Meningitis vaccination requirement causes problems in our area - KFDA - NewsChannel 10 / Amarillo News, Weather, Sports

Meningitis vaccination requirement causes problems in our area

Amarillo, TX - Hundreds of area students were denied enrollment into college this semester and hundreds more could be placed in a similar situation.

The meningitis vaccination is causing students to put a hold on their education.

Most colleges and universities in Texas have entered their twelfth class day and numbers show that dozens of them have experienced a decrease in enrollment numbers, including Amarillo College and West Texas A&M.

Last spring, Amarillo College had the highest head count enrollment in the history of the college.

This year, they aren't having the same luck.

"We knew we were going to take a hit in enrollment. We're down about five-percent from where we were this time last year," says Bob Austin, Amarillo College.

Right now there are around 2400 students attending Amarillo College.

Nearly six-hundred students applied but were then denied enrollment because they did not have the meningitis vaccine, which as of last month is now a state requirement.

"We've had people who have said, yea we decided not to attend because we just can't afford it this semester since I didn't plan for that," says Bob Austin, Amarillo College.

The economic impact of students denied college entrance to Amarillo College has yet to be seen.

Officials with Amarillo College say they anticipated a decrease due to the new law.

In preparation, they set a portion of their budget aside to help offset the lower enrollment.

As of right now, they say nothing substantial will be affected at the school.

If this problem continues in future semesters, they will have to reevaluate their entire budget. 

West Texas A&M is experiencing the same problem, just not as bad.

They tell us there has been a one-percent drop in students but say it cannot be attributed to one specific reason.

What they do know, is that the new vaccination law did play a part in the decrease.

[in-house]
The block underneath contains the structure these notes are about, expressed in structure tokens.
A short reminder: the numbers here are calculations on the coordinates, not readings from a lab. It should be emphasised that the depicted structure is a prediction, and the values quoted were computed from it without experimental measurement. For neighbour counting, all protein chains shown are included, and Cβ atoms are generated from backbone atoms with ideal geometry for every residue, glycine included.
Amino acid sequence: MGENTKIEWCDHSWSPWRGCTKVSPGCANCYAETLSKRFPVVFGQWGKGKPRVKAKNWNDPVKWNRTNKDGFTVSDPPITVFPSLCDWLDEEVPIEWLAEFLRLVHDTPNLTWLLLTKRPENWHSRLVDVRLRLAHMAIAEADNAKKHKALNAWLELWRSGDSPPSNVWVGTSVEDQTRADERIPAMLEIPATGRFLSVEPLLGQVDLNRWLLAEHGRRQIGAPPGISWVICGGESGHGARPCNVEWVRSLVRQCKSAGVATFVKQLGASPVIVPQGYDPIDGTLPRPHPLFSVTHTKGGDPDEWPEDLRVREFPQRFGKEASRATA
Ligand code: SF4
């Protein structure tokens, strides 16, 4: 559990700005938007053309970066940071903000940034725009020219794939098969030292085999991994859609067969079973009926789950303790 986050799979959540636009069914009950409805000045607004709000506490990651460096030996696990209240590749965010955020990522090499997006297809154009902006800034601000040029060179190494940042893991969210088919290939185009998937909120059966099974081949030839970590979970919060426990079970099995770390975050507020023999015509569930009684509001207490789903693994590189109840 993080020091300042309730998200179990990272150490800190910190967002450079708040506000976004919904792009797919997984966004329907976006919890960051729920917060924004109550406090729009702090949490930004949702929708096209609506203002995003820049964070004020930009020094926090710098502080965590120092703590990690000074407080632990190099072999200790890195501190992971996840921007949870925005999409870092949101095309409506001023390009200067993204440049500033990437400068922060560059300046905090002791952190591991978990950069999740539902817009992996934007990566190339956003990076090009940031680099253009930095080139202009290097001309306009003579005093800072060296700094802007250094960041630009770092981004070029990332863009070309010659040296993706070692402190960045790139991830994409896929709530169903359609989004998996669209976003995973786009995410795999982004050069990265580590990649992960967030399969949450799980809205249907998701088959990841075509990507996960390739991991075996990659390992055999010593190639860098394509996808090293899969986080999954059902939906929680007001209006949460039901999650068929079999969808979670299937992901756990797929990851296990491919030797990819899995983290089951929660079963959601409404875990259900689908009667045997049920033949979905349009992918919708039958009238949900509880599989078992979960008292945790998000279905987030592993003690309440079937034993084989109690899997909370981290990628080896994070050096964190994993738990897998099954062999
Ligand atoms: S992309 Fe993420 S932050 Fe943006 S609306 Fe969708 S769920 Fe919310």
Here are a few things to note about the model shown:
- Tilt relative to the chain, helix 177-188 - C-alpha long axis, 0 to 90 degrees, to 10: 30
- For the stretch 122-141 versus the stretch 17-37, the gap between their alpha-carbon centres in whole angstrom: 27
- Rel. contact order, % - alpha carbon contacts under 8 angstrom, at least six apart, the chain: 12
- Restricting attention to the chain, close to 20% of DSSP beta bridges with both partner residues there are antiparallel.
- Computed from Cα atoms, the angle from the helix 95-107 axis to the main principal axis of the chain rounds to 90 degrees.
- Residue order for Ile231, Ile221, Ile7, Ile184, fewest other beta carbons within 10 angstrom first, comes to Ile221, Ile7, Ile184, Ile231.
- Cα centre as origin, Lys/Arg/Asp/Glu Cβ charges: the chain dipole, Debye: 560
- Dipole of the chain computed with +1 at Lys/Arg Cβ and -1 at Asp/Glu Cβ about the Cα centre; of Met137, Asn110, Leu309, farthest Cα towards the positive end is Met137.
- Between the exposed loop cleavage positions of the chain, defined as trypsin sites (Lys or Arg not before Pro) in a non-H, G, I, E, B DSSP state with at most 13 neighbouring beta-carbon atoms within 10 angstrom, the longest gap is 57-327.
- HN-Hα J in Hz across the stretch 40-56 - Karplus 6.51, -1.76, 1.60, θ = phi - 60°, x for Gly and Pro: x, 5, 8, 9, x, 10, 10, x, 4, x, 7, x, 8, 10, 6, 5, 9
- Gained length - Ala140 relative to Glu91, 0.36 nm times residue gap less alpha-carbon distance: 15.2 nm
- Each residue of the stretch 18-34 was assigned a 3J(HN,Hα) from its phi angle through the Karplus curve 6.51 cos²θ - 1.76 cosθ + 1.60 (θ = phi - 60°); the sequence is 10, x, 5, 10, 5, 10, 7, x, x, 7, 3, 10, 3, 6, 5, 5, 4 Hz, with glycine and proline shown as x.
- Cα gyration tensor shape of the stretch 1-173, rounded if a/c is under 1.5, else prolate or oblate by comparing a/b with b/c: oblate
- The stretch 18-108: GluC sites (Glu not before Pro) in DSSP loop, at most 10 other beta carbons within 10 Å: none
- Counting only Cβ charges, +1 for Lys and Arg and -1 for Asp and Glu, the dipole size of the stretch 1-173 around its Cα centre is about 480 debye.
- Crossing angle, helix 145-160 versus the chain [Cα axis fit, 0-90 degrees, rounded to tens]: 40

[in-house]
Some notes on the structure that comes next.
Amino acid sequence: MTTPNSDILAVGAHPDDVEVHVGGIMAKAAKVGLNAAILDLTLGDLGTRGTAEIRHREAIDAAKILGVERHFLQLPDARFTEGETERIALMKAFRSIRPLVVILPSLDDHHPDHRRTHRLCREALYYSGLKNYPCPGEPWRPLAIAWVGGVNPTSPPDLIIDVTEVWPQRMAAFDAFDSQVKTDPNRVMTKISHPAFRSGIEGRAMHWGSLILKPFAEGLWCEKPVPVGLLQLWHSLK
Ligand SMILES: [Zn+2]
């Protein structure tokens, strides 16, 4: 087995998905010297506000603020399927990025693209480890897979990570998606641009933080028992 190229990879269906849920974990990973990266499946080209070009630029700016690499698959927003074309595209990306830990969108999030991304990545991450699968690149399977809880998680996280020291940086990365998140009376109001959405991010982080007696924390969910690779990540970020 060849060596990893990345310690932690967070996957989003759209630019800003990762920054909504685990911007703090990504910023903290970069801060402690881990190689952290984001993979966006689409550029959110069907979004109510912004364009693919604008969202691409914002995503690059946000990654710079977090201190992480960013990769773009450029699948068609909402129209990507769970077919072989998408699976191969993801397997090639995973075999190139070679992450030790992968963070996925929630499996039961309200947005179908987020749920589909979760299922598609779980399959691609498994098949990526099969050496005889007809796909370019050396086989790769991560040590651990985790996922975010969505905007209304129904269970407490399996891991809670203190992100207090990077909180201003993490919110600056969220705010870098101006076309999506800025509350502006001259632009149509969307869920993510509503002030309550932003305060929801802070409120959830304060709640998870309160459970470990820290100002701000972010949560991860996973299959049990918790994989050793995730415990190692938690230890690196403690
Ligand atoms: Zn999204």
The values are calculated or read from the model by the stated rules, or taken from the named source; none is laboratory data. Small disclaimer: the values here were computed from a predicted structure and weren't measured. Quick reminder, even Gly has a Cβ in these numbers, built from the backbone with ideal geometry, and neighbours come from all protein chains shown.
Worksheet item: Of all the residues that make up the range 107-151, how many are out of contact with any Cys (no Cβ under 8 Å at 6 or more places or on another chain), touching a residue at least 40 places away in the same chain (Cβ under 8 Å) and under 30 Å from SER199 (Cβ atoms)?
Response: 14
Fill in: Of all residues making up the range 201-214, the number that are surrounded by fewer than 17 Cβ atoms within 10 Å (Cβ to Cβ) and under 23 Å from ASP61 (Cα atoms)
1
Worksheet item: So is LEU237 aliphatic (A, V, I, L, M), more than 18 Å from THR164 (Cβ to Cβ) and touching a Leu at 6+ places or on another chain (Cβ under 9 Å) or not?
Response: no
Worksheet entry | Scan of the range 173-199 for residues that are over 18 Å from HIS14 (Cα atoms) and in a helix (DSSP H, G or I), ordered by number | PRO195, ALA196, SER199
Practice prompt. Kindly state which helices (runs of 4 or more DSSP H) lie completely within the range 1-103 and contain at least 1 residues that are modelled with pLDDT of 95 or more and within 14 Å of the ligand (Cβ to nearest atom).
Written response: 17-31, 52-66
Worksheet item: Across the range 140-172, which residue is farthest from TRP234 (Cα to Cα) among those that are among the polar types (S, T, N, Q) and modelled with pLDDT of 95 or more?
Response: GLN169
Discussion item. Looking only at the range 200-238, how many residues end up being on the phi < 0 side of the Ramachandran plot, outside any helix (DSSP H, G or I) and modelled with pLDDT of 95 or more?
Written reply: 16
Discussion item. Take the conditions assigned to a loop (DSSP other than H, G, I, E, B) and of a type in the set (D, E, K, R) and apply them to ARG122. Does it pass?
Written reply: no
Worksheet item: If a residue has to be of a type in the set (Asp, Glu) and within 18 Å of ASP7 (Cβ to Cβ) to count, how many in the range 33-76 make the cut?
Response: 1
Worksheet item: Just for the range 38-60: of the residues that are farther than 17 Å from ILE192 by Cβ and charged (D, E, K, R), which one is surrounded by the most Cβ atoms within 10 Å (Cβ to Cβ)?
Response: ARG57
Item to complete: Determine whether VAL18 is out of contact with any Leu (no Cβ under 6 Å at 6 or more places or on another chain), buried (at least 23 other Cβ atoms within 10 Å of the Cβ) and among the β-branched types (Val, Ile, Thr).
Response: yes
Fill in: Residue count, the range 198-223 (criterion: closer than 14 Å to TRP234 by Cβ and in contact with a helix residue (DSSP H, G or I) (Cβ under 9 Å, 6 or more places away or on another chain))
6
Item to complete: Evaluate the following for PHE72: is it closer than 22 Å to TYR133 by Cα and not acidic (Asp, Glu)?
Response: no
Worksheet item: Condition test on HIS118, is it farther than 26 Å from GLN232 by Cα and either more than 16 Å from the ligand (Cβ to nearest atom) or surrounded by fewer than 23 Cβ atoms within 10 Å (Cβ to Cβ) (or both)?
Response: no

The law took effect in January in the state of Texas.

It was passed by the state legislature last summer to protect students, after two Texas college students at the University of Texas and Texas A&M developed meningitis infections.

In year's past, only students living on college campuses had to get the vaccination but the new law requires all incoming and transfer college students under the age of 30 in Texas be vaccinated ten days before the start of classes, or risk not being able to attend class.

There's a good reason for all those precautions.

Meningitis is a dangerous bacterial infection that can result in brain damage or even death, even if it's treated.

High school students need to be prepared.

"At the city health department for five-dollars, they told us about that at school so that's where I'm going to go get mine," says Kristen Collins, senior at Caprock High School.

Kristen Collins is one of the lucky high school students who was already informed about where to get the vaccine before entering college.

Other students weren't so lucky and ended up paying a higher cost or couldn't enroll in college this semester.

"I don't think it's affordable for some students. You know, there's just a whole bunch of things we have to pay for such as books. Most of the things are getting paid for but at the same time, you have other expenses that you need to buy," says Kristen Collins, senior at Caprock High School.

New students are required to get the vaccination before the first class day.

Colleges in our area are now taking several measures to make sure this enrollment decrease doesn't become a bigger problem.

Amarillo College says they are doing what they can to make sure students enroll in the upcoming semesters, by making vaccines affordable and available.

"We want to work more closely with the city health department and to see if we can find a way to get more vaccines at the discount rate for the community. I know there's still a supply and demand issue in the state of Texas. We're open to hosting vaccination clinics here on our campus or at another location in the community," Bob Austin, Amarillo College.

West Texas A&M says they can offer students online classes if they are unable to get the vaccination right away.

The city is working to make this all possible.

"We're always happy to work with our partners. Our vaccine is provided by the state and I don't know what the future holds but we're always happy to work with our partners," says Casie Stoughton, Department of Public Health.

The city's public health department is offering the shot for only five-dollars until February 15th.

No insurance is needed.

Most other pharmacies offer the vaccine for over a hundred dollars.

West Texas A&M gives the shot but again the cost is significantly more at around 90 to 95 dollars.

 

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